Indeed, Google sees SPYW as a similar advance to Universal Search. With the fervor of a recent convert, it believes that social information is a corpus that must be included in search. One day we may marvel that when we searched we didn’t have access to all our social content. Fair enough.
But to really satisfy the user, you need a critical mass of that information to make the searches truly relevant. While there may well be some pictures of your dog on Google+, the bulk of such photos (for those of us who don’t work at Google) are probably be on iPhoto, on Path, and of course on Facebook. But you won’t find them on SPYW. (In a blog item defending SPYW, Google engineer Matt Cutts notes that you can find results from sites like Quora, Twitter and FriendFeed. He even shows how a Flickr photo can appear. But none are as deeply integrated into the product as Google+. And Cutts does not mention Facebook, by far the world’s richest social corpus, in his post.)
Google defends the predominance of Google+ content in its new product by claiming that competitors won’t share. “We always want to provide the most relevant set of results,” Singhal says. “We’re open to working with others. But that information is not available to us. They won’t even let us crawl it.” (And to its credit, Google offers an opt-out function—a toggle switch that lets people see results without social content. Maybe it should have been an opt-in.)
Now that Google has released the product, Eric Schmidt has publicly called for negotiations with social sites to integrate their content in Google search results. But there are competing stories about how much Google really wants to make those deals. Sources close to late 2009 discussions between Google and Facebook tell me that Google had the opportunity to integrate Facebook information in its search results–on the same terms that such content now appears in Bing. But, those sources say, Google refused, on the grounds that it could not technically provide the privacy protections required. Those privacy protections involved restricting social information only to people who users want to share with—basically what Google has now provided for users of its own service. (Google’s head of communications and public policy Rachel Whetstone responds: ” In 2009, we were negotiating with Facebook over access to its data, as has been reported. To claim that the we couldn’t reach an agreement because Google wanted to make private data publicly available is simply untrue.”)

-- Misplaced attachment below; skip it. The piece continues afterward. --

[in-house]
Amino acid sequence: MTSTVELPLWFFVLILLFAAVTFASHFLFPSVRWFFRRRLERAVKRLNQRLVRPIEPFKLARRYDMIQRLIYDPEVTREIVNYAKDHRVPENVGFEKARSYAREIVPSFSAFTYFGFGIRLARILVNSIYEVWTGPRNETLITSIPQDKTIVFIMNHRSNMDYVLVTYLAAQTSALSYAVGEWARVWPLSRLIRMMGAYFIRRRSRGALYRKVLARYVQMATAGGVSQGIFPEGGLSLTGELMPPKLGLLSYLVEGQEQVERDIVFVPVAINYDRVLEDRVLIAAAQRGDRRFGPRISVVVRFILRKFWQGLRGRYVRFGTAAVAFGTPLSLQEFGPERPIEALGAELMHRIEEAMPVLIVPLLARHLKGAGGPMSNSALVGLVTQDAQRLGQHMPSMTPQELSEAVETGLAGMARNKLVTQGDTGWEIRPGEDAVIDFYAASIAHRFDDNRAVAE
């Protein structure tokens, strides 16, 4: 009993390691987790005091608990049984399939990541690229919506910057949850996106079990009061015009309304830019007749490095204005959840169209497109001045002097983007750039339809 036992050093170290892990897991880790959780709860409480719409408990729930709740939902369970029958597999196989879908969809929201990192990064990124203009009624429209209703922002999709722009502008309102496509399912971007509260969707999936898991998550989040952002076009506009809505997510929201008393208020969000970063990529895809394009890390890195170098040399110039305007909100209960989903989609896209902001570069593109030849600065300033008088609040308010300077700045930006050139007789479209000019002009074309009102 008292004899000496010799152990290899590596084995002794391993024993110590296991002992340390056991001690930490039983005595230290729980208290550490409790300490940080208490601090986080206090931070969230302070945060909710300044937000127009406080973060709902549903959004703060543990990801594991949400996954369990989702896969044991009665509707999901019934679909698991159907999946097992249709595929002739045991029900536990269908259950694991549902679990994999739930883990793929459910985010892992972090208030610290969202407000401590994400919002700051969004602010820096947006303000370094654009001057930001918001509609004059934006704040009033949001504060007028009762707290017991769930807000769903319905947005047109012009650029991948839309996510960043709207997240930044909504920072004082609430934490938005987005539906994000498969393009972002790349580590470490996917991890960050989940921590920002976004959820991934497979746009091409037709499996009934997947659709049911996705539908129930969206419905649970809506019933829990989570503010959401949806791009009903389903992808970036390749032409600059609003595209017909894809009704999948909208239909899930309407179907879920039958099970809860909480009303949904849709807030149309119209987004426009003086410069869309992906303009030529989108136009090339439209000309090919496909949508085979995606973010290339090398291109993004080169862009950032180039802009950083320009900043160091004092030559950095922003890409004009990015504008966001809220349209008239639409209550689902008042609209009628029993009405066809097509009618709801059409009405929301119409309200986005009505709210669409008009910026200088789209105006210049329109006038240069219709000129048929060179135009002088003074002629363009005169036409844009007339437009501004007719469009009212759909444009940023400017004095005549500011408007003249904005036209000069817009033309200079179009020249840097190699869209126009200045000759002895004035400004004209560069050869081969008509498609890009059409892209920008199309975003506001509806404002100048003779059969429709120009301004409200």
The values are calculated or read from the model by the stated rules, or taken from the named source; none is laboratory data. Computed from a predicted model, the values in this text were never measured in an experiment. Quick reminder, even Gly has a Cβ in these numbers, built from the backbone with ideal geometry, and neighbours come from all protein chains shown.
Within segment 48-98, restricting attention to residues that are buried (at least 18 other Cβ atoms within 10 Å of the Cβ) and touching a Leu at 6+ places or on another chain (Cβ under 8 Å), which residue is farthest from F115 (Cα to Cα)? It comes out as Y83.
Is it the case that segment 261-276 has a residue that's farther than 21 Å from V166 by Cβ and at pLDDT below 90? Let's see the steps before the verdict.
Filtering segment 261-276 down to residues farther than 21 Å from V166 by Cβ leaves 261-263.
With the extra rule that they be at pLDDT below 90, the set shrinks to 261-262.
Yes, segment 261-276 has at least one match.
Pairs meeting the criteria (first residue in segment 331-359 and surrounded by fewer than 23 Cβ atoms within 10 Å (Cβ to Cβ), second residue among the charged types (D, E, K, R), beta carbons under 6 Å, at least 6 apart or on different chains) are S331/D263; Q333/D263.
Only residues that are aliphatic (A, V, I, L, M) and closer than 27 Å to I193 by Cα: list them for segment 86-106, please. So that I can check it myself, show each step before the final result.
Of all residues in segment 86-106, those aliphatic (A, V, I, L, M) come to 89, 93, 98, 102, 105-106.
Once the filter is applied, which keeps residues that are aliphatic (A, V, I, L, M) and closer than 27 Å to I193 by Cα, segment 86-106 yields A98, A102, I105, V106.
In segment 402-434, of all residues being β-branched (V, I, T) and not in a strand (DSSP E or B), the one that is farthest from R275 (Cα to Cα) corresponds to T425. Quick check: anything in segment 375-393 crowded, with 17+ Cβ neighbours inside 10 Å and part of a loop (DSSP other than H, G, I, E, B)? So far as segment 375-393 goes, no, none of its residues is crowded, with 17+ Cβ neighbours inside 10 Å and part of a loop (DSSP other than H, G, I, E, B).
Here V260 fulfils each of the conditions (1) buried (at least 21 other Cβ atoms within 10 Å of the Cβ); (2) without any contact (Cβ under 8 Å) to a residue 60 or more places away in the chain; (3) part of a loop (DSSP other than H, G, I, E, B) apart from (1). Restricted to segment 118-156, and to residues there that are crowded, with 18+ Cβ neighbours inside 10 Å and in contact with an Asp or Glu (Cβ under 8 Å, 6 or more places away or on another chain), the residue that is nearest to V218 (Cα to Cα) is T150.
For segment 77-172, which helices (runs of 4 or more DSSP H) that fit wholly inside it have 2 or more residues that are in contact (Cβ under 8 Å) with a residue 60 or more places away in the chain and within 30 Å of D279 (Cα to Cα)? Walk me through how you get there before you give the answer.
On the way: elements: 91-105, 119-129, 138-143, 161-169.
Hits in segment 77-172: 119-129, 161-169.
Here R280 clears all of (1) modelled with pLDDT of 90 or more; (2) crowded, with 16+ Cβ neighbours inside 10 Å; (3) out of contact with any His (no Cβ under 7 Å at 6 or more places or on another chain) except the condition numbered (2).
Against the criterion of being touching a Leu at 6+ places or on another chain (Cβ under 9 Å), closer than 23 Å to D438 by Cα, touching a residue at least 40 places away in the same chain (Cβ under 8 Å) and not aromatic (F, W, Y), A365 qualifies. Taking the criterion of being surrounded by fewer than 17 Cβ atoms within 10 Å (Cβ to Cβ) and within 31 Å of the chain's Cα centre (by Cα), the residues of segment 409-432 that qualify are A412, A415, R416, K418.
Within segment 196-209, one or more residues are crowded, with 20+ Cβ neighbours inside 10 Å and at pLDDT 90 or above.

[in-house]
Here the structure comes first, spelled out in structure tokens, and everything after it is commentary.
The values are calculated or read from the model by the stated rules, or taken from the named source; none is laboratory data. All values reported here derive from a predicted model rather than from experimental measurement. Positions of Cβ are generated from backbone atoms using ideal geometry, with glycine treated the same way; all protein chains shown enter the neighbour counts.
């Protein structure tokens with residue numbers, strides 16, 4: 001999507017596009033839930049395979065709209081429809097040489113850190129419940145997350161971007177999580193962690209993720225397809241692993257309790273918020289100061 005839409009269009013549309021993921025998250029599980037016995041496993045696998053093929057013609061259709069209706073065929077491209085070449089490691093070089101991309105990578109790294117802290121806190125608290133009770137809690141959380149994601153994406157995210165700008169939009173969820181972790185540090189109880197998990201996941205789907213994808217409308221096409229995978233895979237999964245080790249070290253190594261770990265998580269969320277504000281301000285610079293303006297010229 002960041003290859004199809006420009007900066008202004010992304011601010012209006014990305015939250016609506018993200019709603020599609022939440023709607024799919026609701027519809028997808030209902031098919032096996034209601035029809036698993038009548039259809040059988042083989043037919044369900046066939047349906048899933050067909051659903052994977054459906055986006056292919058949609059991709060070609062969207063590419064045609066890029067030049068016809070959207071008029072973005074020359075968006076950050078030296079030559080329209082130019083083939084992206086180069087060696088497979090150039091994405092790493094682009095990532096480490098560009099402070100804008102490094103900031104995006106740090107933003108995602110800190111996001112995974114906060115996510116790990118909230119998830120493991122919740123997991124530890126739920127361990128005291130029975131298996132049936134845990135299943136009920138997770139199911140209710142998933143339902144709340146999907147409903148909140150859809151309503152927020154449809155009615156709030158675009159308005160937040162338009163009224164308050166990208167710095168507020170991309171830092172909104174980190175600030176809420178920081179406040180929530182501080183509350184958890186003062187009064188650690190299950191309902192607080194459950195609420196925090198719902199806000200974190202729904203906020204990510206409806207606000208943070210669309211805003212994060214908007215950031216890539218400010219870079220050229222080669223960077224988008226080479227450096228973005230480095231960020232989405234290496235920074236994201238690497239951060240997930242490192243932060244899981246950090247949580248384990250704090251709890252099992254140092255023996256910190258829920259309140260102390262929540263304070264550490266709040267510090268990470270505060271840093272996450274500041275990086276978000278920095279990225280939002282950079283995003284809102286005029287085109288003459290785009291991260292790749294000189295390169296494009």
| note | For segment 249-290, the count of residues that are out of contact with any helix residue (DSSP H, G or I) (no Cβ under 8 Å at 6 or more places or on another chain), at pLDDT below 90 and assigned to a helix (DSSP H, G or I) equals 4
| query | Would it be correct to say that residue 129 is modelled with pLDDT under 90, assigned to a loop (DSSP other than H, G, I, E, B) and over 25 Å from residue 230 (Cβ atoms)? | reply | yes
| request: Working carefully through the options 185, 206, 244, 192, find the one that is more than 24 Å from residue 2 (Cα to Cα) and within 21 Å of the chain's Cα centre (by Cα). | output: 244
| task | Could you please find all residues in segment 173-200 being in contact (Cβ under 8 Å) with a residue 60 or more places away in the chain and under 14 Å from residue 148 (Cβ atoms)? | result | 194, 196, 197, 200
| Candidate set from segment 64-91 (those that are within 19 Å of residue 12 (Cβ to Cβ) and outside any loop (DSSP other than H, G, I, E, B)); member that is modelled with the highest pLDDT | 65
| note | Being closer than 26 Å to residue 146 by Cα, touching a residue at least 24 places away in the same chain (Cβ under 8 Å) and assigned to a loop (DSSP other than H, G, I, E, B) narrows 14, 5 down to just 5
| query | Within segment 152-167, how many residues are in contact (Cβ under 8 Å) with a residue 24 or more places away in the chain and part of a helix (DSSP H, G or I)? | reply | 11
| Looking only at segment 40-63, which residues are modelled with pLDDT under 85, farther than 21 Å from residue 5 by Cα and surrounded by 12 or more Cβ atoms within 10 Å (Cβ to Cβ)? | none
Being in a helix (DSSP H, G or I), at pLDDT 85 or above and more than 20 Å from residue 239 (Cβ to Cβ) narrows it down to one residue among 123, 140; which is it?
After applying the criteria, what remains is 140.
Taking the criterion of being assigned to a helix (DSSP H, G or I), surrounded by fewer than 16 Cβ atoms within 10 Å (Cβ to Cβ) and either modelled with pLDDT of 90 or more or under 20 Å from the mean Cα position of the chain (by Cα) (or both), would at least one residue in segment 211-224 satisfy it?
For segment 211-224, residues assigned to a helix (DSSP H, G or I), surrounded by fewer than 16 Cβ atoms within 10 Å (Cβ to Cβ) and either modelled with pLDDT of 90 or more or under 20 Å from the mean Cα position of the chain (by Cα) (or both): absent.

In addition, it seems that in the run up to the SPYW launch, Google didn’t approach social sites and ask them to deeply integrate their services into the new product. To understand why Google may not have been so aggressive in seeking launch partnership, look back at what happened last summer. Google had made a deal with Twitter to get access to the “firehose” of its tweets in real time. Google had devoted considerable resources and effort to launch a real time search product that depended on Twitter content. But last July, Twitter decided not to renew the contract. That basically killed Real Time Search, and Google had to take the embarrassing step of shutting it down. The minds of Mountain View do not want a repeat of this incident. So Google is reluctant to develop new products that put it at the mercy of other providers.
Understandable? Maybe. But it’s counterproductive.
In any case, competitors say that Google could do more without such partnerships. Alex Macgillivray, Twitter’s general counsel and an important early employee in Google’s legal team, says that there was plenty Google could have done to make sure that relevant Twitter content was treated more fairly compared to Google+ content. “In the Google I knew, you didn’t have to have a deal for your stuff to be considered relevant,” he says.